ecomii food & health alternative blog
Home  > ecomii blogs  > ecomii food & health alternative blog > Eight Steps to Avoid Holiday Weight Gain

ecomii healthy living

Eight Steps to Avoid Holiday Weight Gain

By Vincent Pedre M.D. ecomii.com
December 16, 2011
File under: Healthy Eating, Snacks, Weight Control

Brace yourselves, it’s the holidays again and with all the parties and celebrations, there will be food, drinks and more food.  In fact, for Americans fully 51 percent of weight gain each year occurs during the six week holiday period.

It is thought that people gain five to ten pounds over the holidays and research suggests that if you are already overweight, the strikes are against you.

One study followed 195 adults from September through March, and found that the average weight gain was about 1 pound (0.37 kg).

However, in adults who were already overweight or obese, weight gain was greater, 14 percent averaging a weight gain of 5 lbs.[1]

In another study, the same was true for elementary school children.  Those overweight or obese were most at risk for gaining weight during the holidays.[2]

The good news… With these healthy tips you can maintain your weight and avoid the holiday bulge.

Eight Steps to Avoid Holiday Weight Gain

Get moving! One of the most effective ways to maintain weight is to exercise.  Whether treadmill, stationary bike or spin class, your cardio exercise should last at least 30 minutes three times a week.  Bump this up during the holiday season to 1 hour to make up for extra calories.

Prep-Snack. Pack your refrigerator with whole fruits and ready-to-go bags of cut-up vegetables.  The fiber in these foods fills you up quickly, and having grab bags makes it easy on the go, especially in the morning.  When temptation arises, reach for your fruit snack.

Keep temptation away. Tempting cookies and treats will be everywhere during the holidays, but they shouldn’t be in easy reach.  Snacks like these pack on a ton of calories, with little nutrition.  Keep them away from your desk or kitchen.  However, if you feel the urge, allow yourself one small serving when the desire arises to keep yourself from feeling deprived, which can lead to overindulging.

Never go hungry. When attending holiday parties, expect the bread and hors d’oeuvres to be among the most fattening items on the menu.  Once you start, it’s hard to stop.  Eat a healthy snack, such as fruit, low-fat yoghurt or a handful of nuts before the party, so you don’t overeat.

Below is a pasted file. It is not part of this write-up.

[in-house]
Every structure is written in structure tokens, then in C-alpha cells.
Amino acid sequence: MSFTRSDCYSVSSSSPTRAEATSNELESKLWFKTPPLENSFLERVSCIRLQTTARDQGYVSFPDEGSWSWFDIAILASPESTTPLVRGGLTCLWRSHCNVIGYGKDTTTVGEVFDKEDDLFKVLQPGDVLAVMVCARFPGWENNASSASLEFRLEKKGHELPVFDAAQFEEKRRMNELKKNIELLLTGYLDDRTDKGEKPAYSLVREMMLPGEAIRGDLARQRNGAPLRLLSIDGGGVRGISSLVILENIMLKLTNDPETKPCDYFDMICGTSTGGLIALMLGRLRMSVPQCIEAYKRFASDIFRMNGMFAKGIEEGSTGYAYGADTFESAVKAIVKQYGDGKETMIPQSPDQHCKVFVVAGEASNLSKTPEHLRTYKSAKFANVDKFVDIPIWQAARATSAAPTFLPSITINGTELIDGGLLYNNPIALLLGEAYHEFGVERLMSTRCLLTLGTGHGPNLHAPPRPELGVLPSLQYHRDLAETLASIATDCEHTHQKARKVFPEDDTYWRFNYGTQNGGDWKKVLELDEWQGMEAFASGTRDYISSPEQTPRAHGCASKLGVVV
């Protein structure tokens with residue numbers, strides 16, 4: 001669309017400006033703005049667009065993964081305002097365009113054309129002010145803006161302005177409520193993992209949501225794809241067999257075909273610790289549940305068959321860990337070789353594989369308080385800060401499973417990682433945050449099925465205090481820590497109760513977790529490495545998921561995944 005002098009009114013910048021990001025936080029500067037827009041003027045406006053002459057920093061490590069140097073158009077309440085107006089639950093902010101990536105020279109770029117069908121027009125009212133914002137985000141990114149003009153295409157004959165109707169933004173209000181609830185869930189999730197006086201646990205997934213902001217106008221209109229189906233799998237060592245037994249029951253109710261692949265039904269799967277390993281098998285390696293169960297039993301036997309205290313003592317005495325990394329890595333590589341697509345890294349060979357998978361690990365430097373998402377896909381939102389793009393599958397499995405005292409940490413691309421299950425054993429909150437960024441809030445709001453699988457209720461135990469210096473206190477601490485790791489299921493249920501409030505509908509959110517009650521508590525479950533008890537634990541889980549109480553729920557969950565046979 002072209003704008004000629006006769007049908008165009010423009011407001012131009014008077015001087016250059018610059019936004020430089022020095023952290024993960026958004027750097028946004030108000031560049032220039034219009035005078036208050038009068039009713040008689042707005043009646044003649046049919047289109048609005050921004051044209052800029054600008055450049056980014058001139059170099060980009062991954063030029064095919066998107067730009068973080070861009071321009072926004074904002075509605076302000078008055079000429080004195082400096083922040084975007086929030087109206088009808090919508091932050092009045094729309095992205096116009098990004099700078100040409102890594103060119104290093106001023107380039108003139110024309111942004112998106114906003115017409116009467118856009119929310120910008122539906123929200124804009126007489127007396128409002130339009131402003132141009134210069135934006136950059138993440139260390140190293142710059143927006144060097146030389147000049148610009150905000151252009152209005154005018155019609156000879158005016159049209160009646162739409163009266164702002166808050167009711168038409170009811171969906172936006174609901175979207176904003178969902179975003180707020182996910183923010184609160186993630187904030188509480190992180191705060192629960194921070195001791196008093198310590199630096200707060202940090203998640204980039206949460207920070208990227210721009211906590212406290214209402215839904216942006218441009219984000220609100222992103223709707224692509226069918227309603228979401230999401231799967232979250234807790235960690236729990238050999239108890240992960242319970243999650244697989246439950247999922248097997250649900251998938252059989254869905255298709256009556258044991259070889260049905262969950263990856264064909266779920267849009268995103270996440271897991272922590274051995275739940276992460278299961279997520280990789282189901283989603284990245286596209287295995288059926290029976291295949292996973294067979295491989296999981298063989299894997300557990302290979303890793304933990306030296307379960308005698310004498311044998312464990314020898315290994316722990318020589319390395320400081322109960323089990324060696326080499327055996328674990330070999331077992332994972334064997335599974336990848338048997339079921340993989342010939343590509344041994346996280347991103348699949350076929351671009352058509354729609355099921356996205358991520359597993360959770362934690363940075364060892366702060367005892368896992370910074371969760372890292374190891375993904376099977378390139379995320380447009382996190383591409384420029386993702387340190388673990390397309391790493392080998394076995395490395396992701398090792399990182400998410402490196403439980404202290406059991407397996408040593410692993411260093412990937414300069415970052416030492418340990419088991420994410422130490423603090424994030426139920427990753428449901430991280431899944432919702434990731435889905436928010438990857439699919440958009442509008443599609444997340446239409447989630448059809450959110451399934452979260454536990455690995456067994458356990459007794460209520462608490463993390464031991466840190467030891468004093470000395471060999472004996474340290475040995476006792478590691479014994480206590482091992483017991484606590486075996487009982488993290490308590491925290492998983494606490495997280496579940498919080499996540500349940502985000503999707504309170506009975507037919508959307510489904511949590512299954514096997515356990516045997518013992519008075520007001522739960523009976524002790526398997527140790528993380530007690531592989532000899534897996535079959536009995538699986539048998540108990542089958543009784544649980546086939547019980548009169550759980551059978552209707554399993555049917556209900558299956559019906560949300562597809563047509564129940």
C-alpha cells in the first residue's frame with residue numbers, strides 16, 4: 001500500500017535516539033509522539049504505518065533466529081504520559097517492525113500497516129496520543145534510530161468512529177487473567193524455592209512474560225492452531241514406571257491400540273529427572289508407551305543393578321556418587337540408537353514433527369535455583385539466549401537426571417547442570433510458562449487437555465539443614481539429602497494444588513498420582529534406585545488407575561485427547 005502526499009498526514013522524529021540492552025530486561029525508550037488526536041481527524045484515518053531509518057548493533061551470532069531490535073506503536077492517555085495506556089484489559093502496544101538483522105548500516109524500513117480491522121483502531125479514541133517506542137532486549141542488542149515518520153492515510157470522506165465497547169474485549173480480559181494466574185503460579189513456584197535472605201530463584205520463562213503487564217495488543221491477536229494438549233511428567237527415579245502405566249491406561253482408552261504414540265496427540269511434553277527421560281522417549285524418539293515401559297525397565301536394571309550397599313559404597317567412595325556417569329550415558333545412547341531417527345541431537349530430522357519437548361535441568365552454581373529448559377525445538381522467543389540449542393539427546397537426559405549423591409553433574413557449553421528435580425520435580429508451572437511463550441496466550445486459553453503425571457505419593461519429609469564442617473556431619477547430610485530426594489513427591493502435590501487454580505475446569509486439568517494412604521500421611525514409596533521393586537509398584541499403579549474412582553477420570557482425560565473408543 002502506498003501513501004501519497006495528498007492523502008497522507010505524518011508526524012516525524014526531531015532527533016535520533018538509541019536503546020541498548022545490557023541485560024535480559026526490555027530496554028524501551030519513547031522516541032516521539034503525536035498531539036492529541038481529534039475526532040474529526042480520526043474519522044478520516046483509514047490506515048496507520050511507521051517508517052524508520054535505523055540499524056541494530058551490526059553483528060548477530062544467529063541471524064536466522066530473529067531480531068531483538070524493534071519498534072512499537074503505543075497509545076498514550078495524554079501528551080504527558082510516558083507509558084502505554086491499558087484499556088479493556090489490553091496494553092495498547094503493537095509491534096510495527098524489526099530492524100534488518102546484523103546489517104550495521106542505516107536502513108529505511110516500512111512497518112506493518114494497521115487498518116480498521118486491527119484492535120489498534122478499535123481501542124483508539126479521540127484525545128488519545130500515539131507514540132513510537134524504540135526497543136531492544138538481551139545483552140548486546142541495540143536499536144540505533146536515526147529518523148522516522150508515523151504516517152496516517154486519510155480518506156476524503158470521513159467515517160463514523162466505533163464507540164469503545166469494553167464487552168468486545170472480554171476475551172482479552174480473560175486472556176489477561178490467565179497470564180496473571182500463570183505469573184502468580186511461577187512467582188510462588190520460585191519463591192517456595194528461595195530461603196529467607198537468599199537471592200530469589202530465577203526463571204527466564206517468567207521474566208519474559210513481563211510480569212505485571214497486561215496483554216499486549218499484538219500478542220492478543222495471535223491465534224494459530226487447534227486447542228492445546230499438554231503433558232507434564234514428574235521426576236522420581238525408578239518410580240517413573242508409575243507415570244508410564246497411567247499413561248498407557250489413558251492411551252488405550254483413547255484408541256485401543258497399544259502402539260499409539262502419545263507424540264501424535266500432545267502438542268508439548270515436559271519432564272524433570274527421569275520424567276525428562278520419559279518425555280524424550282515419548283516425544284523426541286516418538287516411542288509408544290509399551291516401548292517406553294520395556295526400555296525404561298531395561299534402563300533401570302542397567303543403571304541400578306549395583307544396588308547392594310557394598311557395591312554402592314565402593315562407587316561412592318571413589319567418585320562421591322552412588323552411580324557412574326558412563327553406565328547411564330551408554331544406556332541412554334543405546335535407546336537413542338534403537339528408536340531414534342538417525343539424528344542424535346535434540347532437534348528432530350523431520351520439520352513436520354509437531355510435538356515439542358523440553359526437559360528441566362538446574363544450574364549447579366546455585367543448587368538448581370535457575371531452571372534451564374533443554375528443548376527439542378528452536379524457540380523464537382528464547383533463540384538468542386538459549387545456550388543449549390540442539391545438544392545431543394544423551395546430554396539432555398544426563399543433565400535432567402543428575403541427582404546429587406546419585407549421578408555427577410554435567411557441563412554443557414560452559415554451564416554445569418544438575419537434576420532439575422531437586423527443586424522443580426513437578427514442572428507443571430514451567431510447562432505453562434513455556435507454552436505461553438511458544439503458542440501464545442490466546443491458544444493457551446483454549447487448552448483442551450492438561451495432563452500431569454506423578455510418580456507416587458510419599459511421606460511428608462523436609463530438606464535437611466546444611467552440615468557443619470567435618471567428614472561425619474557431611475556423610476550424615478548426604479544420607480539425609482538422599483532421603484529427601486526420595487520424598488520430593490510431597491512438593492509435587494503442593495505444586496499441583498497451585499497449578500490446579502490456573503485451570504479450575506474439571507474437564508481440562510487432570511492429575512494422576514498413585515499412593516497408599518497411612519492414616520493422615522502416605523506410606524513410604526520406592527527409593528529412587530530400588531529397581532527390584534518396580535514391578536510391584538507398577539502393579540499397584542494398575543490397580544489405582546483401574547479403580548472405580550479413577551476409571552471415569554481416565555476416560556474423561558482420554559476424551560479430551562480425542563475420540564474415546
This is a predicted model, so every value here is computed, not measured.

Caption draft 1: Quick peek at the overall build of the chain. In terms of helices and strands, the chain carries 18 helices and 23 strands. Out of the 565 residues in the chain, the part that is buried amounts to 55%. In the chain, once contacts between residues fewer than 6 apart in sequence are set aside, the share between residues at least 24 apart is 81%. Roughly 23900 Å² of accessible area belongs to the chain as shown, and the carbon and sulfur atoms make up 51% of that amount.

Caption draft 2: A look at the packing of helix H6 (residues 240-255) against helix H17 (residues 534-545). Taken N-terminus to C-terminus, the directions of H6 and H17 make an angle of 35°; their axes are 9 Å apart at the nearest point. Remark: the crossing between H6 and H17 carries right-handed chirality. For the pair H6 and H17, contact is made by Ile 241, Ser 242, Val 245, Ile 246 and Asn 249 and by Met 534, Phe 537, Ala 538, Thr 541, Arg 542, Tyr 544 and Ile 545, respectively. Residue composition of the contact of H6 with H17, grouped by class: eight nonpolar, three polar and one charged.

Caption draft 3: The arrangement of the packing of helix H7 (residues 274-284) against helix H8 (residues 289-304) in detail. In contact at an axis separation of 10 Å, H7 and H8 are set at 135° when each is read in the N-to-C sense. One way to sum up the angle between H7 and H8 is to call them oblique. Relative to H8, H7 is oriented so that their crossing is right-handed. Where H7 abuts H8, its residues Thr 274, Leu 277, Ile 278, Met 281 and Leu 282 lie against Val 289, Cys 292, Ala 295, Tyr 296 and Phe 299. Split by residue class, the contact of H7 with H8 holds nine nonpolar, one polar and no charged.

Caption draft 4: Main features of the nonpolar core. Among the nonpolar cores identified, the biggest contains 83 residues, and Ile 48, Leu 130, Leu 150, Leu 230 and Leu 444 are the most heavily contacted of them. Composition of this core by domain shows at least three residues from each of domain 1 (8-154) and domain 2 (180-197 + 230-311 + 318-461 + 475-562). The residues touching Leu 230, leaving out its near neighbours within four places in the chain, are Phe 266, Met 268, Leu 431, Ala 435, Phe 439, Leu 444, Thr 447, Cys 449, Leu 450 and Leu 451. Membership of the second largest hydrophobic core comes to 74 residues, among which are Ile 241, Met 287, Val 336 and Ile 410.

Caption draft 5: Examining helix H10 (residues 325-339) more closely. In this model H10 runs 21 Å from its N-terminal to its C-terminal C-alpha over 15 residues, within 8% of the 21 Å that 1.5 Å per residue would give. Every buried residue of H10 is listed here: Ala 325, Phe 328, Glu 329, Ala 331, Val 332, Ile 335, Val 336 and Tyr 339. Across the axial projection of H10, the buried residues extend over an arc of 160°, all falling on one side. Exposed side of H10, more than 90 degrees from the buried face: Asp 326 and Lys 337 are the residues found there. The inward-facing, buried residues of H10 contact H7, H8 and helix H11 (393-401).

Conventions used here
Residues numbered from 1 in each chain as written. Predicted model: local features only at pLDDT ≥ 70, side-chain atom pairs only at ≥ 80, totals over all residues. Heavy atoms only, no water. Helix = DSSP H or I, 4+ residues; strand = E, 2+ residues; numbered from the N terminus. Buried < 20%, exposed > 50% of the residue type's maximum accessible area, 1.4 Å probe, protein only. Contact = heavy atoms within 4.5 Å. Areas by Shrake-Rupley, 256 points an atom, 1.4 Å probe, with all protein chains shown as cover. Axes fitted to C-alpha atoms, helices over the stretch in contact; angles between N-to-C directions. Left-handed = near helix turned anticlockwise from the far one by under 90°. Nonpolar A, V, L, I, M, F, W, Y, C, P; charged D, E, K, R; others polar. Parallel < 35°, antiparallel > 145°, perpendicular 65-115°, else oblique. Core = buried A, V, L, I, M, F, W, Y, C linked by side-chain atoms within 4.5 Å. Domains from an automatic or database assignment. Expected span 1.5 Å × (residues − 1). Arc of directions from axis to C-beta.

The One Rule = one plate or one bite. When at a holiday party, limit the richest and creamiest items to one bite or one spoonful.  When it comes to the dinner plate, limit to one plate, not allowing the food to flow over the edges of the plate.  Eat slowly, savoring the flavors and textures, to allow time for your brain to sense that you are full.

Watch the alcohol tap. Drink in moderation.  Beer, wine and liquor are full of calories that have a particular affection for belly fat.  Beer will bloat and liquor will make you bigger.  For a lower calorie beverage, try a wine spritzer with club soda.

Hydrate. If you are well-hydrated, you will feel less hungry.  The body often confuses dehydration for hunger.  Make sure you’re getting at least eight 8-ounce glasses of water a day and drink even more water if you consume dehydrating beverages, such as coffee, tea or alcohol

Focus on being social. The holidays are all about conversation and connecting with family, friends and peers.  Make it as much about the gathering as it is about sharing food together.

When all else fails, you can always make up for it in the New Year with a Doctor-supervised Weight Loss Program to set your body back to where it was before the holidays.

Vincent Pedre, M.D. is an integrative, Holistic General Practitioner and Board-Certified Internist in private practice in New York City. Follow Dr. Pedre on Facebook and Twitter.


[1] Roberts SB, Mayer J.  Holiday weight gain: fact or fiction?  Nutr Rev. 2000 Dec;58(12):378-9.

[2] Branscum P, et al. An Evaluation of Holiday Weight Gain Among Elementary-aged Children.  The University of Cincinnati, Health Promotion and Education.  J Clin Med Res. 2010 Aug 18;2(4):167-71.

 
Comments (0) Email Link
 
0 Comment
No comments yet.

Sorry, the comment form is closed at this time.

 
« all ecomii blogs  
  
 
About this blog

An alternative approach to health, wellness and disease prevention. Marie Oser and her team of bloggers bring you creative natural solutions to issues affecting our health and wellbeing.

About Marie Oser

Subscribe in a reader

Add to Google Reader or Homepage

 
recent posts
 
other green blogs
 
blog categories